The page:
The next field is bin size. This sets the criteria for how many groups will be made. In our example above, we grouped by SPM, and if we chose a bin size of two, then the strokes in one ‘bin’ will be at most 2 spm apart. In other words, all strokes between 20 and 22 spm will be thrown in one bin, and all strokes between 22 and 24 spm will be in another bin. The chart will contain a data point for each bin, showing the average and the spread of the data in that bin. The larger the bin size, the fewer data points, and the other way round.

The SPM and Work per Stroke settings are used to remove strokes outside the specified range from the analysis. It is useful to set Work per Stroke Minimum to a value that remove your paddle strokes. Finally, you can choose to add error bars (highly recommended) and to include strokes rowed during rest between intervals.

Here is an example of the Trend Flex chart:


So on the x axis we have stroke rate and on the y axis we have power. Each dot is positioned at the average stroke rate and power for that bin, and the value of the group by metric can be found by hovering over the data point with your mouse pointer. The error bars indicate one standard deviation and are a measure of how the data are distributed. 

It is important to monitor the error bars. If you group by a metric that is completely unrelated to the other two, you will get error bars spanning the entire graph area. This is a cool feature, because it allows you to browse through your metrics and find relations and trends. 

The chart above is an example of this effect. While on the first chart the trend between stroke rate and power is clear, in this one we have grouped by a more independent metric (stroke length) and because at a given stroke rate and power the stroke length msy be all over the place, you see huge whiskers. This is what one of our Power Users calls a ‘spider chart’.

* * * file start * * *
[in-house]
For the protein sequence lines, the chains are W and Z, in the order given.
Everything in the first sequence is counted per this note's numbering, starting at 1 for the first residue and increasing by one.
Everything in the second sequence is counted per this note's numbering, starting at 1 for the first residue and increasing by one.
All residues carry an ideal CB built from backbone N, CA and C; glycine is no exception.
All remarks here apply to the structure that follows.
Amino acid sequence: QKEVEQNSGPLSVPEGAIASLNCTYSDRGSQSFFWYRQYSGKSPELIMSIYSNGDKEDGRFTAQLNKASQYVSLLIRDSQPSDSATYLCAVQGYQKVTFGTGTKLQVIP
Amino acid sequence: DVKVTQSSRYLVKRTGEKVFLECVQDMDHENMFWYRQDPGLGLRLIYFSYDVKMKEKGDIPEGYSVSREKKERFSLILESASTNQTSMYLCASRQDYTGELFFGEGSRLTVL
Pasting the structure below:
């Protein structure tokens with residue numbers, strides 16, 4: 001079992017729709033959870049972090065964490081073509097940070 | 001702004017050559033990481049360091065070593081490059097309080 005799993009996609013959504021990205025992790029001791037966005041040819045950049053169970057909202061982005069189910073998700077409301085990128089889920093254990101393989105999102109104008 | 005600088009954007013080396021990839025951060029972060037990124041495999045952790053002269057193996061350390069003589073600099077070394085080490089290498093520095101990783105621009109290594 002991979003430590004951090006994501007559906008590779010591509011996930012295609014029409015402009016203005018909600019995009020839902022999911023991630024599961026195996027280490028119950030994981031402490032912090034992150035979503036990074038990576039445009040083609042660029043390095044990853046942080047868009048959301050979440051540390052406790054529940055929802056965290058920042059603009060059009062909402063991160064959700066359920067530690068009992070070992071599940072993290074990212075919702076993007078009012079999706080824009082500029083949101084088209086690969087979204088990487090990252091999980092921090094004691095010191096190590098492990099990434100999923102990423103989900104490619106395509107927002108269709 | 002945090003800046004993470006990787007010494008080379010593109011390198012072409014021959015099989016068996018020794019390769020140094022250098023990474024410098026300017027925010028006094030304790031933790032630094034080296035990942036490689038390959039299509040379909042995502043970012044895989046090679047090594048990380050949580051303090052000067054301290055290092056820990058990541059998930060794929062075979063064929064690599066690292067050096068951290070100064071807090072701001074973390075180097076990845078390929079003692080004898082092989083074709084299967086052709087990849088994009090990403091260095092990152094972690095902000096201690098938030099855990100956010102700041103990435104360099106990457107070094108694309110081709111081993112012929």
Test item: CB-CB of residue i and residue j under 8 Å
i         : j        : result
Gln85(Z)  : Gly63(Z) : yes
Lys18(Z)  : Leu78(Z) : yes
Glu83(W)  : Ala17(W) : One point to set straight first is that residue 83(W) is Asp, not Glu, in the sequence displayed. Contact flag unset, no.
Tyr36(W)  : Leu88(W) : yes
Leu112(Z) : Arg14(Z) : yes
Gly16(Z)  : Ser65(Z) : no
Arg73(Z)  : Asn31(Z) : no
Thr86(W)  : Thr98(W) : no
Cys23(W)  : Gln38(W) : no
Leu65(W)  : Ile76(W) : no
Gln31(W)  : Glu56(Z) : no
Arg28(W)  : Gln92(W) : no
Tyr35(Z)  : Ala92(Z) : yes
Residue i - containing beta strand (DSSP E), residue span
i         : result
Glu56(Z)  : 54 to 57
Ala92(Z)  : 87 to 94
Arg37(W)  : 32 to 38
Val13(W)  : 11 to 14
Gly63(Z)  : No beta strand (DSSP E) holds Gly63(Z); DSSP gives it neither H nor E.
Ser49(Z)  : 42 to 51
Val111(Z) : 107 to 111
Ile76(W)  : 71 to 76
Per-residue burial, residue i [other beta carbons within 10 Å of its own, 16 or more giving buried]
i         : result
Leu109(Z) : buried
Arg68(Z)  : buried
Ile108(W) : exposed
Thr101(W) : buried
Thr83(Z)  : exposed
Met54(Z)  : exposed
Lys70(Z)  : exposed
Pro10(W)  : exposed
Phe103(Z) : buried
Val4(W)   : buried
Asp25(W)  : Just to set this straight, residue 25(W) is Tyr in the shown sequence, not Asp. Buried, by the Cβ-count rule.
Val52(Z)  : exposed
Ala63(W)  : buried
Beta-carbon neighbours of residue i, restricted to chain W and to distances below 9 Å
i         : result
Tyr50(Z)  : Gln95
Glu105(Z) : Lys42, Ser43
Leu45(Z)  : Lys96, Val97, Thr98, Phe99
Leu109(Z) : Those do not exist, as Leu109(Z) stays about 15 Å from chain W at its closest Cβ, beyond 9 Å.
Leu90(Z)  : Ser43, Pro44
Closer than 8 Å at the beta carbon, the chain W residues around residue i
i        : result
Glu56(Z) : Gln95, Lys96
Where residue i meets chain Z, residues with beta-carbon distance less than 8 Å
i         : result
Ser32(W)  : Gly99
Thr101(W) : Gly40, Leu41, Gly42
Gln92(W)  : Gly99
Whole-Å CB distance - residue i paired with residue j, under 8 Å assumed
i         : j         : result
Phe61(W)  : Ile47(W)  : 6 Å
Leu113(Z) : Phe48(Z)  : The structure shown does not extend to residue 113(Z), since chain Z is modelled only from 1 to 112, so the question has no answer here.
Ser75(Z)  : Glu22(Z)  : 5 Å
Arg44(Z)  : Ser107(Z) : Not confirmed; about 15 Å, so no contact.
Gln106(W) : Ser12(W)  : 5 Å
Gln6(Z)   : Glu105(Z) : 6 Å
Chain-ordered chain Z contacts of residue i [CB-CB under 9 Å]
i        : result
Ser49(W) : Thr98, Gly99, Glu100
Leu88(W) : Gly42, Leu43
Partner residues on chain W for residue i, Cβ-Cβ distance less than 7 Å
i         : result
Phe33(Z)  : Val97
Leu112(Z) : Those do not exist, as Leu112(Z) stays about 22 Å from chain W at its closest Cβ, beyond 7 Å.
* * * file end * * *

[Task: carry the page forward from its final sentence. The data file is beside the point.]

Here is a close up of one of my recent workouts in the Trend Flex chart. I am trying to look at the relation between pace and power, and I have grouped by stroke rate with a 0.5 spm bin size. So now I can look at data points where I am faster at the same power, and compare the stroke rate. I can find out that at 320W I may be faster at 32spm than at 30spm. This is extremely useful information. The size of the error bars then also tells me that the pace distributions are overlapping by quite a lot, so the conclusion may not be as strong. 

Here is another cool Trend Flex chart:

I made this one on the most recent version of the site, which adds a descriptive title to the chart. So you can read that I plotted Slip vs Average Drive Force and I have grouped the data over stroke rate. As expected, slip is pretty strongly correlated with stroke rate as well as average drive force. 

It is interesting to also make the reverse chart:

As you can see, this chart is really one that helps you explore your rowing. This is not a routine chart that you make for every outing, but you have to sit down, play with the data and think about what they mean. Sometimes the trends will be obvious. Sometimes you will see a confirmation of what your video analysis tells you. And sometimes you will stumble upon a surprising relationship. “That is odd,” you will say, and that is the moment when you are really learning something about your rowing. 

Of course, coaches using the Team module can make the Trend Flex for each of their team members. Finally, this chart is available and useful both for erg workouts and on the water rowing.

Watch this space and follow us on twitter, because we will improve the Trend Flex fast to make it as useful as possible!